How to Efficiently Train New Summer Restaurant Employees

The first official day of summer is quickly approaching, and this summer season comes with great news for restaurants.

As a result of an improving economy and consumer's pent-up demand for the restaurant experience, restaurants are expected to add a record amount of jobs this summer season. According to the National Restaurant Association, there are 508,000 jobs projected to be available. This is the second consecutive year the industry is adding more than half a million jobs during the summer season.

This is all fantastic news for the industry as a whole. But as you know, onboarding new employees while maintaining day-to-day operations can be stressful for managers. A disorganized approach will be stressful to new employees, as they will feel ill prepared to handle the job. It'll also be annoying for more experienced staff who may need to make up for the mistakes of fellow staff.

So with these realities in mind, here are some tips to keep your stores running efficiently while new employees get up to speed.

1) Standardize the training process - Whether it's a new chef, bus boy, or server, come up with a set list of things these new hires need to know. To be extra clear on expectations, use a digital task management system like Squadle to create a training task list for managers that can be shared across locations.  Large chains usually have set employee tests and other set processes for training. Smaller organizations may not have these things, but even starting small and making a checklist of things that need to get covered during training is a great start.

2) Empower experienced staff to share their knowledge - Deepen your staffs' knowledge of the menu and spark their interest in the company by holding 15 minute pre-shift meetings. Select experienced employees to hold training sessions on topics like wine tasting or cooking demonstrations. This is a great way to show long-time staffers you value their knowledge, while also passing along that knowledge to new seasonal employees.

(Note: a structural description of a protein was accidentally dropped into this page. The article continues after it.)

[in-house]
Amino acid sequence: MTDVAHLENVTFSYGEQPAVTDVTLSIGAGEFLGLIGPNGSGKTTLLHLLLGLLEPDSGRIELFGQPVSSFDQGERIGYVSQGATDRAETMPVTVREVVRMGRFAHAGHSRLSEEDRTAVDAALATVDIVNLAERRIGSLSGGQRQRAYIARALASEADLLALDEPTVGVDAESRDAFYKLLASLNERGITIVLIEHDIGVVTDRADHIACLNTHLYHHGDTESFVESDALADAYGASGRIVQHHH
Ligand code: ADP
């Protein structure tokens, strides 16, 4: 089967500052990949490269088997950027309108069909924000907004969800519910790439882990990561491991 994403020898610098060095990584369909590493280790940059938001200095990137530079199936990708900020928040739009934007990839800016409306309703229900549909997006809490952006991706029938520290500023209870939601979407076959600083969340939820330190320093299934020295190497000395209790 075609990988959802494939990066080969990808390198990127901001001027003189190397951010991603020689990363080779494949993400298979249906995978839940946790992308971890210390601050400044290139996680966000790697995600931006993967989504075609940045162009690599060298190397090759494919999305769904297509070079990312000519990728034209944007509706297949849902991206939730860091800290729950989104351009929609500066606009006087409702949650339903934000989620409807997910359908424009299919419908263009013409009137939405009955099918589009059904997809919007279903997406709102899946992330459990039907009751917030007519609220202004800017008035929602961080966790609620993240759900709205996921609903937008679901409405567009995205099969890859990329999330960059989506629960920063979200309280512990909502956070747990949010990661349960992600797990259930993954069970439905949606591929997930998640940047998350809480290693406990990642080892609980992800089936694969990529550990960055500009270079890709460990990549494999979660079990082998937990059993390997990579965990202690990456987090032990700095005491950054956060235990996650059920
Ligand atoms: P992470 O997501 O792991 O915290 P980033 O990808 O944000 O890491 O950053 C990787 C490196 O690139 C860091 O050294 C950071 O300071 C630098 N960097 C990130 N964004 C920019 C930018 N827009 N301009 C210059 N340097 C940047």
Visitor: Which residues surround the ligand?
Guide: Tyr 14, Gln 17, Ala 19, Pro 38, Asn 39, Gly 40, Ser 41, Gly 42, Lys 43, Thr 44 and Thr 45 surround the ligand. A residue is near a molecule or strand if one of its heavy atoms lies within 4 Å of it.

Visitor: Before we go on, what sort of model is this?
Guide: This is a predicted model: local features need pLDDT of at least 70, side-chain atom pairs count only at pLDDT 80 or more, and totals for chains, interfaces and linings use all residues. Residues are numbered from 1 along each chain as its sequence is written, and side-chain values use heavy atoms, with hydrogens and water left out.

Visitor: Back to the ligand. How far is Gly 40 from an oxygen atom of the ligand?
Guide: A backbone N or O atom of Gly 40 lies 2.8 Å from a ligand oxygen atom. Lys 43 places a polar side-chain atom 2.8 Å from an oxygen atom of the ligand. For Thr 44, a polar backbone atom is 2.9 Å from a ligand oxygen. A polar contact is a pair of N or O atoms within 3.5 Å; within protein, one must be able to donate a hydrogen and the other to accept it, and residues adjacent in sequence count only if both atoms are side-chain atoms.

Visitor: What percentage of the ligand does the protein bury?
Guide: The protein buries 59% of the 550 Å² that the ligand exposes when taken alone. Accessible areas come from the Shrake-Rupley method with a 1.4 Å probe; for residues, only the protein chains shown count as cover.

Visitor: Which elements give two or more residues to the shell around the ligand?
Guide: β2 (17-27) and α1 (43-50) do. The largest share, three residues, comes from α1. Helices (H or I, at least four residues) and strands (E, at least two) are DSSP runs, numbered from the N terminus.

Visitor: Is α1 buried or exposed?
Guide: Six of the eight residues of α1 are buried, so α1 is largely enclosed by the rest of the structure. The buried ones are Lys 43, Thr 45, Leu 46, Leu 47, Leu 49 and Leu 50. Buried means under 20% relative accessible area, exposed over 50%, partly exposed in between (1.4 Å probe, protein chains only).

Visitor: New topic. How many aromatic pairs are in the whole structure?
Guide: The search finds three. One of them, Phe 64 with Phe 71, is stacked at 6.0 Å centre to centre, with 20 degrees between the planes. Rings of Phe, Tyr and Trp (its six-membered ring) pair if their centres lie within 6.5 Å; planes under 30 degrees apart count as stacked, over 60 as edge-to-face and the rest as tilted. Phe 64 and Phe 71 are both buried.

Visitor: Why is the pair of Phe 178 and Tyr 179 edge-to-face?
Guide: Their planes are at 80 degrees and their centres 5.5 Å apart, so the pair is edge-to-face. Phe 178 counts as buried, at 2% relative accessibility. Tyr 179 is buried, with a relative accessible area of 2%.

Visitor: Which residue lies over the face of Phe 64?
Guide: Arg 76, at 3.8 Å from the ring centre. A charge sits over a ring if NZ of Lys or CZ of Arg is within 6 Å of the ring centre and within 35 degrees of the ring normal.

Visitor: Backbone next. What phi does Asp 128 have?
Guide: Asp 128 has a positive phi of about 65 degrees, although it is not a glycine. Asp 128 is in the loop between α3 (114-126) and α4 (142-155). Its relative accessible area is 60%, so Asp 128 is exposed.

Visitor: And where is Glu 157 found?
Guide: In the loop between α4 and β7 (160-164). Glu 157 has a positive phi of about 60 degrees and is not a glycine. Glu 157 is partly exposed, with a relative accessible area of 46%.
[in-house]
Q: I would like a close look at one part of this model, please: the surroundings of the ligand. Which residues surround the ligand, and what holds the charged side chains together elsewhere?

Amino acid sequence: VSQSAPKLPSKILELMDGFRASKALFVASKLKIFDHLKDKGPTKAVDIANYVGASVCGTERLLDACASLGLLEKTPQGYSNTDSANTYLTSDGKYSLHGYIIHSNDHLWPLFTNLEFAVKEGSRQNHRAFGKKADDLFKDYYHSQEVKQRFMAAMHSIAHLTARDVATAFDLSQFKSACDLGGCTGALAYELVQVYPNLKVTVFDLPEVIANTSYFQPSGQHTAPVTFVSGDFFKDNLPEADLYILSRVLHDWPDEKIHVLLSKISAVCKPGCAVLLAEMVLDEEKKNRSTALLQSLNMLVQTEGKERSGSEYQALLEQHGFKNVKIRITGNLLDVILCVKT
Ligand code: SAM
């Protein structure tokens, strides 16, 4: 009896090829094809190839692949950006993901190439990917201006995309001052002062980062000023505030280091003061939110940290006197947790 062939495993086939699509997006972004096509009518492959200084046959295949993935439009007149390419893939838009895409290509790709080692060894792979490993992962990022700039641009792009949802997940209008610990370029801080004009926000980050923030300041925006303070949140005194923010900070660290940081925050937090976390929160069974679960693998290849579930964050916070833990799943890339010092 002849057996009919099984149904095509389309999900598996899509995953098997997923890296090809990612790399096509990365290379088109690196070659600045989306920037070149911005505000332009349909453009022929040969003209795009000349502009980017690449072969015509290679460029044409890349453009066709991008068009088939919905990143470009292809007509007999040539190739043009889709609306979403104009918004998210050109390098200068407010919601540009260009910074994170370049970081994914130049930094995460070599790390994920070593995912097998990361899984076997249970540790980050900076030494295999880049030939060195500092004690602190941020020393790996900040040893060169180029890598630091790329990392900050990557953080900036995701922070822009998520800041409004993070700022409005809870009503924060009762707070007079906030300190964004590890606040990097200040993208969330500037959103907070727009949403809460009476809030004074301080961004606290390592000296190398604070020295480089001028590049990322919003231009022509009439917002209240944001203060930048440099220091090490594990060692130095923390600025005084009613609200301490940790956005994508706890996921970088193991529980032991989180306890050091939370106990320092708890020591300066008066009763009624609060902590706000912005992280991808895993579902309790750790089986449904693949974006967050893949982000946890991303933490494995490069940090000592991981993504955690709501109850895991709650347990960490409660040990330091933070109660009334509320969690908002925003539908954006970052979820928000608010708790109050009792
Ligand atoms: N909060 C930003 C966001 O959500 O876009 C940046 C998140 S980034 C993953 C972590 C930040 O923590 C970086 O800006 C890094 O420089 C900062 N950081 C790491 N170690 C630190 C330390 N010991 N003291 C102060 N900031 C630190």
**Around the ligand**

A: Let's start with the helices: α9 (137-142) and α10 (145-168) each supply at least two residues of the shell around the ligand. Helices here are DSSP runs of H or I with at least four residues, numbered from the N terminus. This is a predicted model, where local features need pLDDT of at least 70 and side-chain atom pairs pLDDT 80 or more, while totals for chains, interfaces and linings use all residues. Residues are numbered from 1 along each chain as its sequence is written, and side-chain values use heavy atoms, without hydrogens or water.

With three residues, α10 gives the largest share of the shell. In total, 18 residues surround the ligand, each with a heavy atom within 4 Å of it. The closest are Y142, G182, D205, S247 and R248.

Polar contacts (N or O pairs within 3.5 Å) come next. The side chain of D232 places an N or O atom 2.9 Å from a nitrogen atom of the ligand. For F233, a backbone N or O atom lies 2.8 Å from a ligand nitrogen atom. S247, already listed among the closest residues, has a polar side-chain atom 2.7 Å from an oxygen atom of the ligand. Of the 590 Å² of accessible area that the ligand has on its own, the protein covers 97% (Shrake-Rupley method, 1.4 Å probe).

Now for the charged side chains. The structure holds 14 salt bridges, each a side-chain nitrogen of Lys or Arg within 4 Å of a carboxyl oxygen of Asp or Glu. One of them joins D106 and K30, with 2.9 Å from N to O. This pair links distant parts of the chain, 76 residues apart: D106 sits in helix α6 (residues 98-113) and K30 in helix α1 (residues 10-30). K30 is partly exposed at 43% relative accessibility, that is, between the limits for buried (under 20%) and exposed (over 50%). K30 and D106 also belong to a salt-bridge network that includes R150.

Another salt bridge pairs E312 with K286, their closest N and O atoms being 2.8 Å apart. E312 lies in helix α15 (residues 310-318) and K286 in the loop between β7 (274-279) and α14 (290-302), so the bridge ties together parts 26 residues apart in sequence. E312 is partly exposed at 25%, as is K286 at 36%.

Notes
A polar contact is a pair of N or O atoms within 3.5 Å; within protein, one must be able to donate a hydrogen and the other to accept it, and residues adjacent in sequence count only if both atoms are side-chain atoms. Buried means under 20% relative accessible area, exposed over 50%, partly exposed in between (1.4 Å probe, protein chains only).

3) Hold a competition - Build camaraderie with friendly sales competitions between restaurant locations. This will bring experienced and seasonal employees together under a common goal and bridge the potential divide between the two groups. A summer wine sales competition, with the grand prize being a staff wine tour, is one great option.

4) Give them an allowance - To encourage new employees to learn the menu, give your employees a restaurant allowance for them to spend at your restaurant. For servers, this will help massively with sales.

5) Create a dedicated training day - Before the summer season really takes off, consider consolidating these training activities into one training day when it's not busy. For experienced employees tasked with training newbies, this will reduce frustration. For new employees, it will give them a chance to really focus and absorb all the information they need to for training so they are much less stressed and much more successful when prime time comes.

A great customer experience begins with the employee experience. If employees are engaged with their work, getting along, and feel like they have all of the information they need to do their jobs, that will all directly benefit the customer experience in a positive way. For a successful summer season, begin by looking inward to how you can improve the employee experience for new employees.

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